The landscape surrounding Geneva is stunning. The Swiss Alpes line three sides of the city and on the fourth side is Lake Geneva. The setting ensures inspiring views of nature are never too far away.
Automated systems tend to produce unexpected, odd, and sometimes concerning outcomes. Amazon’s recommendations in the UK and US stores tend to be useful or even unnervingly helpful. I suspect the large volume of sales ensures the system has a good corpus of previous purchases to work with.
So, when Amazon.fr recommended a replica gun after we bought an induction hot plate, I have to wonder, how is the French store doing in comparison to the UK or US stores?
We have noticed Amazon.fr lacks the stock and competitive prices of other Amazon stores. The left-field recommendation only goes to reenforce my suspicions that local Internet shopping has not yet taken off for Amazon.
There have been more than a few disturbed nights since moving to Lyon. Noise from the street or neighbours disrupting my much needed quiet.
I have learned to love silicone ear plugs. I can not sleep well in them but they let me rest, sleep for a while, and come out as soon as possible. I recently tried wax ear plugs but they did not match the noise blocking or comfort of the silicone equivalents.
What surprised me is the cause of noise. Obvious noises of a party I expected: chatter, occasional shouts, and music. What caught me out, and continues to leave me wondering, is the singing.
The locals, at least here, like to sing in groups in the early hours. We first heard them singing in the bars near our temporary accommodation. Older men singing in drunken unison. Powerful voices singing timeless songs.
That seemed endearing. A group of older men getting slowly tipsy during the night and then joining as one for a song before ambling home.
What then of students singing.
Our peace is broken by the odd party next door – or somewhere close by in our apartment building. Young students throwing a party that starts too late and goes on until shortly before the sun rises. Suitably unrespectable hours by all measures.
They started sining the other night. Without obvious reason or trigger. But not timeless classics; they sang the words of recent dance music favourites. It was both brilliant, hilarious, and captivating. Funny partly because the words were English and occasionally the group would fade as the lyrics became too difficult to sing but returning with force for the chorus. Captivating because the group split the roles by gender. In some songs the girls sang one part, the boys another part.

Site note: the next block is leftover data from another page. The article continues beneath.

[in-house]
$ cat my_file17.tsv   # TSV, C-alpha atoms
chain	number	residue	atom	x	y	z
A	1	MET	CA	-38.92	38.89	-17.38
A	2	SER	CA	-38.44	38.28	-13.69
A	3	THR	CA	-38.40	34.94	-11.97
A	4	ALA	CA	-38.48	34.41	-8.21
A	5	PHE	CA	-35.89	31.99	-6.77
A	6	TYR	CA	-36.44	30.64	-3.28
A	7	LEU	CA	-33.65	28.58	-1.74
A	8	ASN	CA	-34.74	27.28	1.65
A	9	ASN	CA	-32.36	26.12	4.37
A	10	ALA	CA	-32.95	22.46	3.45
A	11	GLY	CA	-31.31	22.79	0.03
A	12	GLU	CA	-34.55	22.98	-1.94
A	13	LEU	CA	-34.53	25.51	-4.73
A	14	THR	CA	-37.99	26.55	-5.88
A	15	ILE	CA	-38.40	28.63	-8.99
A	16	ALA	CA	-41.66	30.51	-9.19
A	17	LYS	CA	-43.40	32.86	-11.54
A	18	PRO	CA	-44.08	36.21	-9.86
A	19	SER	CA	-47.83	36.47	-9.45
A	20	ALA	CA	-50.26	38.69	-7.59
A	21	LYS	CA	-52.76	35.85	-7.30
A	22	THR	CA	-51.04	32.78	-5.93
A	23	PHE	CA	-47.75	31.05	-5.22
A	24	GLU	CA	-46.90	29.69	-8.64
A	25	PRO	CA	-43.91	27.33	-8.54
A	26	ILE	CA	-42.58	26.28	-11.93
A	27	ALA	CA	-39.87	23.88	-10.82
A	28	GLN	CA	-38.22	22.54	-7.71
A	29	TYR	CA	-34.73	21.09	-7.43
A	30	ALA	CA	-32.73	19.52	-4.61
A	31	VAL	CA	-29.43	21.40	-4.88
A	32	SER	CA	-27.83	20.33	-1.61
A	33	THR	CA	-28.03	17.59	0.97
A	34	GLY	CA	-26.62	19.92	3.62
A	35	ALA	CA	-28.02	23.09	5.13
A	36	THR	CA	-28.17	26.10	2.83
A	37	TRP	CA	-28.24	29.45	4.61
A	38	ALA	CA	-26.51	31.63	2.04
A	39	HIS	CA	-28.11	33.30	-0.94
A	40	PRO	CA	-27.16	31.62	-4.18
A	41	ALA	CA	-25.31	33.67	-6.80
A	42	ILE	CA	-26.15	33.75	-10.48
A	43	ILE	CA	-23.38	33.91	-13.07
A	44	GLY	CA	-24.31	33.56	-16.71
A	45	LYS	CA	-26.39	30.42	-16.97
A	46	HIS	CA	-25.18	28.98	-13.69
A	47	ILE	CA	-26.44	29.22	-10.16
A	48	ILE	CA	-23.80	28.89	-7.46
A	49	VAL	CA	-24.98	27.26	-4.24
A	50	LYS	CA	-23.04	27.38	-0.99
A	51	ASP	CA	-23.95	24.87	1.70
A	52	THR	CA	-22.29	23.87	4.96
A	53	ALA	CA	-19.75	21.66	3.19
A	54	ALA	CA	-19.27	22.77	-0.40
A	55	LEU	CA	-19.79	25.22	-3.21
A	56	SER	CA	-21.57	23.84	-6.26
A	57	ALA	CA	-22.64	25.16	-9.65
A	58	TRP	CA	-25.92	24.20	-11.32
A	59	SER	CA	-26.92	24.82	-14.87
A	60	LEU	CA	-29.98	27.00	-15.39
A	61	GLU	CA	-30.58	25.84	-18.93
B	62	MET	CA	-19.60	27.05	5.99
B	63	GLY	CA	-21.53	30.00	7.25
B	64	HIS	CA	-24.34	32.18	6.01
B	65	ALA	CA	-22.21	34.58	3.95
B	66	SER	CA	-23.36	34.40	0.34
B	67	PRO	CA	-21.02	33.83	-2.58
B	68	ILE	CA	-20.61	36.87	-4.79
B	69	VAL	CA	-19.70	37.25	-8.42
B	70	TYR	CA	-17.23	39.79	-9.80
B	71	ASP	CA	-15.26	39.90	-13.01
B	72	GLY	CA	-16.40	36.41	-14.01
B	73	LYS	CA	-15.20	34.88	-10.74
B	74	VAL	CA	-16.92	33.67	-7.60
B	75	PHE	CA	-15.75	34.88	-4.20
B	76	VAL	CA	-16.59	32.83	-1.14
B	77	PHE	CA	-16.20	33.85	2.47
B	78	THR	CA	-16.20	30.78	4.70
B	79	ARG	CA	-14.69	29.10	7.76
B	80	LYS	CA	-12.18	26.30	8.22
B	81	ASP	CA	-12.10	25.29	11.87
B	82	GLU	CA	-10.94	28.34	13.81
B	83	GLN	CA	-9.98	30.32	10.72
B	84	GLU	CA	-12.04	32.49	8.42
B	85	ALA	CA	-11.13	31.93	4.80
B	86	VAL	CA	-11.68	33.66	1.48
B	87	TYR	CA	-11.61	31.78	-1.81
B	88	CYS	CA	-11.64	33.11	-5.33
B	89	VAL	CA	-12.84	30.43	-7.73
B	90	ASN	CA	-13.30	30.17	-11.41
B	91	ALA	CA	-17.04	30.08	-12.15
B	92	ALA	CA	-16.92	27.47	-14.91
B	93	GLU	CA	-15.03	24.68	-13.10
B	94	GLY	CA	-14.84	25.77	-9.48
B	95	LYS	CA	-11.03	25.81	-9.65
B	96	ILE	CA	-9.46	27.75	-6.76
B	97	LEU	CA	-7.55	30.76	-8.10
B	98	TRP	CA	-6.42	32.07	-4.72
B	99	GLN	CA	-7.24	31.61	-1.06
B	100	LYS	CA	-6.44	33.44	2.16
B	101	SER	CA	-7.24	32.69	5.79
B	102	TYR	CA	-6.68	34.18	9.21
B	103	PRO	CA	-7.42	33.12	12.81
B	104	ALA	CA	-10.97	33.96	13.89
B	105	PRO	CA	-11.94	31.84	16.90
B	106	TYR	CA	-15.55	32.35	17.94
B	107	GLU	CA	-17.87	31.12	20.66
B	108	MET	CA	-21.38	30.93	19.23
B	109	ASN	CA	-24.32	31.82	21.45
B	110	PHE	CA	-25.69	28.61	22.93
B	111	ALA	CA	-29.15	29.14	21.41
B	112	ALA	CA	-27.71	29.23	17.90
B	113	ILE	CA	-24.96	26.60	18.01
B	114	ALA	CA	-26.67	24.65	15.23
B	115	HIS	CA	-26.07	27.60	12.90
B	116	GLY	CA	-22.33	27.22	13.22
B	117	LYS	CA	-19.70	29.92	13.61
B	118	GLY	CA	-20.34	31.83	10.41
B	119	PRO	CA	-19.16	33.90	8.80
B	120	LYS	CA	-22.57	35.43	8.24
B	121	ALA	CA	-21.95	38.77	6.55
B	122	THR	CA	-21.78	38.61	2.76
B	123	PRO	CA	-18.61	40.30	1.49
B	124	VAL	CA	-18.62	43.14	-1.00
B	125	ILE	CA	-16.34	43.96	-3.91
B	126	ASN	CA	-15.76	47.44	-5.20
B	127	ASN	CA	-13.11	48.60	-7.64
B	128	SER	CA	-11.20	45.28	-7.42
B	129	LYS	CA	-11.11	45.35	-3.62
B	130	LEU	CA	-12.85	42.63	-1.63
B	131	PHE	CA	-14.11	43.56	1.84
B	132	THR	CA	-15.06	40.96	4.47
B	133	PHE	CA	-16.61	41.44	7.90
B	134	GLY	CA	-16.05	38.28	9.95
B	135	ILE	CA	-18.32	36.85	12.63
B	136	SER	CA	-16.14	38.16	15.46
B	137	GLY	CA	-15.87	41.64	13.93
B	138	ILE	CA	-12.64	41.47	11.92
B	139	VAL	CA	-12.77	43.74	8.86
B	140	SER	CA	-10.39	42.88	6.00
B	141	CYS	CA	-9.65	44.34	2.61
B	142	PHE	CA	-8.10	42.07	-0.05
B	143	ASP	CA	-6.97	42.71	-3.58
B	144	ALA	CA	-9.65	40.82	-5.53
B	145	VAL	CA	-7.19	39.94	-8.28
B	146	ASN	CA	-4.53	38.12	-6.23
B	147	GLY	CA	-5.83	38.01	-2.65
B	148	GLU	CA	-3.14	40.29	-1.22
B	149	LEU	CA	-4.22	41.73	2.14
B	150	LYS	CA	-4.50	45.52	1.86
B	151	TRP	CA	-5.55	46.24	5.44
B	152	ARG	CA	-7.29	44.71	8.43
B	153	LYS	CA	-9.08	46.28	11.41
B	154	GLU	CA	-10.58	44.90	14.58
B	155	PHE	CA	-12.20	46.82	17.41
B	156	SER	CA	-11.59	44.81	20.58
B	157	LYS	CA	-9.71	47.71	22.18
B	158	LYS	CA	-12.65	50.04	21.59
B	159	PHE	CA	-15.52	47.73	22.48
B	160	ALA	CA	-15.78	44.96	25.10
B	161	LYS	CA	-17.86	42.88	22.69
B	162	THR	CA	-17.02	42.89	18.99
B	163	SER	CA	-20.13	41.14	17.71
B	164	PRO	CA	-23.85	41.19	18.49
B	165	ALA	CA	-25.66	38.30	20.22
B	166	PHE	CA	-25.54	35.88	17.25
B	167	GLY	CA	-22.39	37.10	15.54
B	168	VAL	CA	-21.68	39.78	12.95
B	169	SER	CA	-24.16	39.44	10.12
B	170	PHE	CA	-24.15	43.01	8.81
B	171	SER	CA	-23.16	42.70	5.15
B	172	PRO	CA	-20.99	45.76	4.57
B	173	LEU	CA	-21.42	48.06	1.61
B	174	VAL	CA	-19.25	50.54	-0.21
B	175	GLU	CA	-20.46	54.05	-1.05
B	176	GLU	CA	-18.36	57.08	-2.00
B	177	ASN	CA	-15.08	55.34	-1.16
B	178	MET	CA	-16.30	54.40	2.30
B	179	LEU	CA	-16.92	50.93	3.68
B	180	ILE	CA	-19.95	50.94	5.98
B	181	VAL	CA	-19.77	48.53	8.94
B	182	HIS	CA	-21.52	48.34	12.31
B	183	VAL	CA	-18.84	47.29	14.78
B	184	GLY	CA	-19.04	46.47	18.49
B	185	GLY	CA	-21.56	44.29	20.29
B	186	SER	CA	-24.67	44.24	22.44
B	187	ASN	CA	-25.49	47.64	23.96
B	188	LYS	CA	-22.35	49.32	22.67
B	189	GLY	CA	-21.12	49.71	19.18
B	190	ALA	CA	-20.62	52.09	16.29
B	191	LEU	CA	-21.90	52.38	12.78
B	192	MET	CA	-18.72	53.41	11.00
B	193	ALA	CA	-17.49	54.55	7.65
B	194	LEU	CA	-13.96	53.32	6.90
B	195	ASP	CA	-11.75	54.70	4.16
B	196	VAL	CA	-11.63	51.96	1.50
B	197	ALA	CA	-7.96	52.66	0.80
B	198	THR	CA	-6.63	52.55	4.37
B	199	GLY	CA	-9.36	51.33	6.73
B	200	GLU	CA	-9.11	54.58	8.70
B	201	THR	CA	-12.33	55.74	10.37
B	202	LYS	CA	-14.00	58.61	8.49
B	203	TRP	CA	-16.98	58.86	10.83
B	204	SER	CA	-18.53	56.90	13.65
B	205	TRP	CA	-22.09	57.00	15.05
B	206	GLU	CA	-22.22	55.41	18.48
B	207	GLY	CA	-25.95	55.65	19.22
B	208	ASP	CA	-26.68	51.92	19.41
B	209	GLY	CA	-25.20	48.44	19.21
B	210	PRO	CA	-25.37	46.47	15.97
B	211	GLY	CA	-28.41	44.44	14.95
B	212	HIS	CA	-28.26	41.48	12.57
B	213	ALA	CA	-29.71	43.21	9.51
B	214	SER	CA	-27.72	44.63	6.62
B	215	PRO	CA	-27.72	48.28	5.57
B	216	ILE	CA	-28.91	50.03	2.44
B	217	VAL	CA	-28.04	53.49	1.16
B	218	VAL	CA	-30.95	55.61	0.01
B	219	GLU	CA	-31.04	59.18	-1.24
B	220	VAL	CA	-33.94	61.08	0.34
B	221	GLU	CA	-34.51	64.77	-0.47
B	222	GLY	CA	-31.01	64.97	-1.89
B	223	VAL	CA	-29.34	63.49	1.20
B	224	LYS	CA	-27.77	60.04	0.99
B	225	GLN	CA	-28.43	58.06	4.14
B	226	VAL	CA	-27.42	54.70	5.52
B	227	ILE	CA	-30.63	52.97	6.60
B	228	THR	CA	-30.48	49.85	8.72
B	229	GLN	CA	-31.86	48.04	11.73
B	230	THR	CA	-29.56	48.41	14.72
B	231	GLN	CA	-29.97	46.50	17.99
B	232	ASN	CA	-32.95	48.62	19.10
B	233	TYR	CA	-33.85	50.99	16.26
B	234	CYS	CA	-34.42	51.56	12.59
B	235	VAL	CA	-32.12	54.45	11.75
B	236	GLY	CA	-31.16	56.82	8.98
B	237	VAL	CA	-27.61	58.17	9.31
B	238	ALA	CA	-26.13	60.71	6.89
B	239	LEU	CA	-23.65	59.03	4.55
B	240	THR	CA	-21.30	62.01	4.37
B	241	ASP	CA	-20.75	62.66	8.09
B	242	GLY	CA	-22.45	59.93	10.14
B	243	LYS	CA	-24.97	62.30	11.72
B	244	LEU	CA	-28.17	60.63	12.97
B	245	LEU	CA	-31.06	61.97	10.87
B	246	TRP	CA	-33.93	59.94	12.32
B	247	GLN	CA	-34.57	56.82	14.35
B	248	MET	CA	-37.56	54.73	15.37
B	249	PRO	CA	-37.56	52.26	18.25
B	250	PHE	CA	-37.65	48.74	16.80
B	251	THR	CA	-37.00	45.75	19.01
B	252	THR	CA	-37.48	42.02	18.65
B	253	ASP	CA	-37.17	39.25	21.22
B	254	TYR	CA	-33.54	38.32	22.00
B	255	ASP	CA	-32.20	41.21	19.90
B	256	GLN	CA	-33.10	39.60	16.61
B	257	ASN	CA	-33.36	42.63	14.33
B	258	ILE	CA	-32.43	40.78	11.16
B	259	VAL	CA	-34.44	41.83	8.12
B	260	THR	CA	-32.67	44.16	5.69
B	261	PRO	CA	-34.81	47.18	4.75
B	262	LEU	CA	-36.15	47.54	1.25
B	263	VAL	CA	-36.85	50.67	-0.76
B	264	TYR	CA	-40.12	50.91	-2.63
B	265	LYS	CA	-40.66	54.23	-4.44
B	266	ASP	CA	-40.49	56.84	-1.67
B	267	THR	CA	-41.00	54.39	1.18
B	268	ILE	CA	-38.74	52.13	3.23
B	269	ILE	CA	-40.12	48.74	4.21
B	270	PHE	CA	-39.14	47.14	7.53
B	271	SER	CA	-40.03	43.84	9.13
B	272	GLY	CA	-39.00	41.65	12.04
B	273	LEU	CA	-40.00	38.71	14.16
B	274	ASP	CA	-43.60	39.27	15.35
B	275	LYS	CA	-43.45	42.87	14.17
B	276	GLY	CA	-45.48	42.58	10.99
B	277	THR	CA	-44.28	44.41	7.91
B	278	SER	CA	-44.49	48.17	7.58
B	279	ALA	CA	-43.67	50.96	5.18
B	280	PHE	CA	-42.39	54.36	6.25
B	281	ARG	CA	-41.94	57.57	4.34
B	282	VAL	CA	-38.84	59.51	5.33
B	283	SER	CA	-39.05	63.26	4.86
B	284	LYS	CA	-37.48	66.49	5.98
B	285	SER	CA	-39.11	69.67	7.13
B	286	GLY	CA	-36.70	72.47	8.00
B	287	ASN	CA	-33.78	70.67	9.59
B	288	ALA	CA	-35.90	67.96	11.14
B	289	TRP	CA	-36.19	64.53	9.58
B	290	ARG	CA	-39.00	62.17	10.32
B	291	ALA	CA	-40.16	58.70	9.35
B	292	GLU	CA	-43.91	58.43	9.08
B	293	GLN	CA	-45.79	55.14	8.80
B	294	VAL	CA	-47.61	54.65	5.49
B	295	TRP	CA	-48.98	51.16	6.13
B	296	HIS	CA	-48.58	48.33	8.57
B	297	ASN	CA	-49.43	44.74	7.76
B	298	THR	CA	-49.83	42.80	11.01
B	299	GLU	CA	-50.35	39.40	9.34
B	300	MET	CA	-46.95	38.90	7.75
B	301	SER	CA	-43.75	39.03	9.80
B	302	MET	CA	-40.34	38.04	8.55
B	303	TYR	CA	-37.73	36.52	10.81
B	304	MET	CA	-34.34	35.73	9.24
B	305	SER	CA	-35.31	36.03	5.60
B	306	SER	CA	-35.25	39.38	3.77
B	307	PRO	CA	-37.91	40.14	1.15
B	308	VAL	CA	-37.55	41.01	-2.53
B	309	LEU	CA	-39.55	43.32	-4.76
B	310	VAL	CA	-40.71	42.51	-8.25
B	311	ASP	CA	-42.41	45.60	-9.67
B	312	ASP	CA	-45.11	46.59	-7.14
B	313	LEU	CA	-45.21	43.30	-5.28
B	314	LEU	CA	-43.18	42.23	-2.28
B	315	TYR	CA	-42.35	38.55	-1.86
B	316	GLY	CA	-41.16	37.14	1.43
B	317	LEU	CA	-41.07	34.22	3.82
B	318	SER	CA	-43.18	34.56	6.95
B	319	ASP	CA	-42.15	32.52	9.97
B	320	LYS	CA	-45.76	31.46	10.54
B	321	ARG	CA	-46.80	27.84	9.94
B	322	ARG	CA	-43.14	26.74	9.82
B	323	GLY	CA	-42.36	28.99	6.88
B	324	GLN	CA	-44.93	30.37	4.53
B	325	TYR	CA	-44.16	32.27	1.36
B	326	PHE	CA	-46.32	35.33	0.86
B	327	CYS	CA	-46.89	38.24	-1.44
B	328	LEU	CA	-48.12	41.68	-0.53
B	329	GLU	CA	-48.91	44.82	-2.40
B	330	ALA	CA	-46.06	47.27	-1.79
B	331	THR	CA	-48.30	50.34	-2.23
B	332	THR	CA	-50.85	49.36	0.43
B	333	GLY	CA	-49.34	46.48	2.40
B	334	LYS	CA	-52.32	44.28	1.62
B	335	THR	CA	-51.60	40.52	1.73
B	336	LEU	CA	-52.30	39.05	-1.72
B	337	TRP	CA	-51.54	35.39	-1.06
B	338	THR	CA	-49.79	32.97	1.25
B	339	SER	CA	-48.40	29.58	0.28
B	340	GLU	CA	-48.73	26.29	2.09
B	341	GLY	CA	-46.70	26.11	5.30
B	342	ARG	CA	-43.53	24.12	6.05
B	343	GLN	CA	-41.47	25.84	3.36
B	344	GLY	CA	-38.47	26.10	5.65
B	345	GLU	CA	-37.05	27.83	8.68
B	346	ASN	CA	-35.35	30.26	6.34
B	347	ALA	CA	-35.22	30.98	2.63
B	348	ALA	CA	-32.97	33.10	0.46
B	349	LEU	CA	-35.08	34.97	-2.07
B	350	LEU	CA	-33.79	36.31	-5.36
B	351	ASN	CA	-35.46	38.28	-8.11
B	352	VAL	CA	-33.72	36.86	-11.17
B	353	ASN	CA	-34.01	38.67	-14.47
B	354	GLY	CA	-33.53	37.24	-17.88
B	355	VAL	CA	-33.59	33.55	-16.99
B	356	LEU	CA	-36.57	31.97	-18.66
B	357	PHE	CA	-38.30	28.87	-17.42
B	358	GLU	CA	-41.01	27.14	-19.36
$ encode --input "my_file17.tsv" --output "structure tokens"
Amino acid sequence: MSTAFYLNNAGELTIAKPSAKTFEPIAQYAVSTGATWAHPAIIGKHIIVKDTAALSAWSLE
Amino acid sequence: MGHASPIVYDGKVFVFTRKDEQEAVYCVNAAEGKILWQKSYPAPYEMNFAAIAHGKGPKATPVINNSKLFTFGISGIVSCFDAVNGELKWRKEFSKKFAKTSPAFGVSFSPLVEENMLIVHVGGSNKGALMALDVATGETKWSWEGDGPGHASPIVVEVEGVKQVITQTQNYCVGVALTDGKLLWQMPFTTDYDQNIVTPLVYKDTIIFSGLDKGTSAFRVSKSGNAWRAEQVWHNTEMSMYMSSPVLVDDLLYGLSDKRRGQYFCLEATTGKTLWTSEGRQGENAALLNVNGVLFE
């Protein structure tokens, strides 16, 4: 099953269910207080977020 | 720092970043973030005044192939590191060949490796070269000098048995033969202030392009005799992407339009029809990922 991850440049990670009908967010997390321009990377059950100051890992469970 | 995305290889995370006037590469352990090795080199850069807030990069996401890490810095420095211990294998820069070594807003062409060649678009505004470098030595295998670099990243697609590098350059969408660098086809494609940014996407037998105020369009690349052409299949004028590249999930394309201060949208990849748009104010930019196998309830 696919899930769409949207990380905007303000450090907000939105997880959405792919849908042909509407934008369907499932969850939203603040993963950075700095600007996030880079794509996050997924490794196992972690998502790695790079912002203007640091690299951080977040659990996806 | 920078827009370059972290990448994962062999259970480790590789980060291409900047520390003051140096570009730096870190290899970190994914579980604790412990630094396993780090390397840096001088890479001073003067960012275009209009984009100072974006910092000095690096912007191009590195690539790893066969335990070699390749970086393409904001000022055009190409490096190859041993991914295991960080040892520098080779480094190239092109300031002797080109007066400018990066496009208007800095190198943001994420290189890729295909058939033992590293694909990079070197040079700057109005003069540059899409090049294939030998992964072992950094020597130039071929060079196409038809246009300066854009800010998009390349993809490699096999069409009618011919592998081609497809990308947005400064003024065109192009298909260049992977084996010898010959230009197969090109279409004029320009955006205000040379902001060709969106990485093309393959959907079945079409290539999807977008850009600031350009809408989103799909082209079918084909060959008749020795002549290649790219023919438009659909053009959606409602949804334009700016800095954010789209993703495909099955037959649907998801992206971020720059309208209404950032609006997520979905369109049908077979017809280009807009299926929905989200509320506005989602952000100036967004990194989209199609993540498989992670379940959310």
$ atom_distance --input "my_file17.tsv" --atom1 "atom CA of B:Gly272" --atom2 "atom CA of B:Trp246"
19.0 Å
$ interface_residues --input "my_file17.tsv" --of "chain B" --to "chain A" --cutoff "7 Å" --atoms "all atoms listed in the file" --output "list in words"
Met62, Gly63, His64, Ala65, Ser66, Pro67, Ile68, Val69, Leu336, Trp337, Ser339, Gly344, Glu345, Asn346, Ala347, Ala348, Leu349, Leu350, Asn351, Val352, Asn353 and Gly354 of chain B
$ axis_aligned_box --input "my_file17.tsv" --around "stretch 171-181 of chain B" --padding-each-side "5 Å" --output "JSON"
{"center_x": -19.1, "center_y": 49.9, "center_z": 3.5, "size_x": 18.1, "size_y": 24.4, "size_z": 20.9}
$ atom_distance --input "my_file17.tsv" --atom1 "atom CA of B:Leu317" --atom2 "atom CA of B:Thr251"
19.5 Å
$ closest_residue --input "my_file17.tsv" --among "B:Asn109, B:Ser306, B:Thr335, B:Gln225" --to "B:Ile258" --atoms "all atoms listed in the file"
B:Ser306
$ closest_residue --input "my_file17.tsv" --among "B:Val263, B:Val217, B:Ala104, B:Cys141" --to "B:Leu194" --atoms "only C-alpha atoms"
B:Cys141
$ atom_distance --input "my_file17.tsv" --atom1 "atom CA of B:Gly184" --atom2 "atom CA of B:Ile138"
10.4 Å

I think at least one song was older and taught to them as children. The university students sang this song particularly well.
I struggle to imagine a mixed group of students bursting into song at a party in Australia or UK. Too self aware or too constrained to risk making a fool of themselves. Drama students – absolutely. A group of female friends – absolutely but maybe not in a pub, club, or larger party.
Something charming about the singing but I wish it would not intrude during the earliest hours of the morning.
Each visit to our nearby Parc de la Tête d’Or brings a new wave of spring flowers to delight in. Our walks are filled with little detours as I wander across the grass to investigate a hint of purple here and a flash of yellow there.
The shaded grass beneath the trees is riddled with delicate violets.
Hyacinths. These are one of the first flowers I remember growing as a child.
These red tulips stood out amongst the predominantly purple and yellow colour palette.
As Graham mentioned, we recently bought our first boardgame since childhood. When Graham first suggested we watch TableTop, I was sceptical. The idea of watching other people play boardgames didn’t seem that interesting.
Well, I was wrong. Not only was the show entertaining in itself, it left me wanting to play. It opened up a world of games I didn’t know existed. These were not the games I grew up playing with my sister where you roll the dice and move your counter around the board. These games were more complex; they involved strategy and decision-making.
Deciding I wanted to buy one of these games was easy. Deciding which one to buy was difficult. I started with the list of games we had seen on TableTop. I ruled out the ones that needed more than two players, and anything involving zombies or sci-fi references I wasn’t likely to understand. I started reading through descriptions and reviews on Amazon, and came across other games to add to my list. I eventually managed to narrow it down to a handful that appealed most.
My final shortlist is below. The full list is also available.
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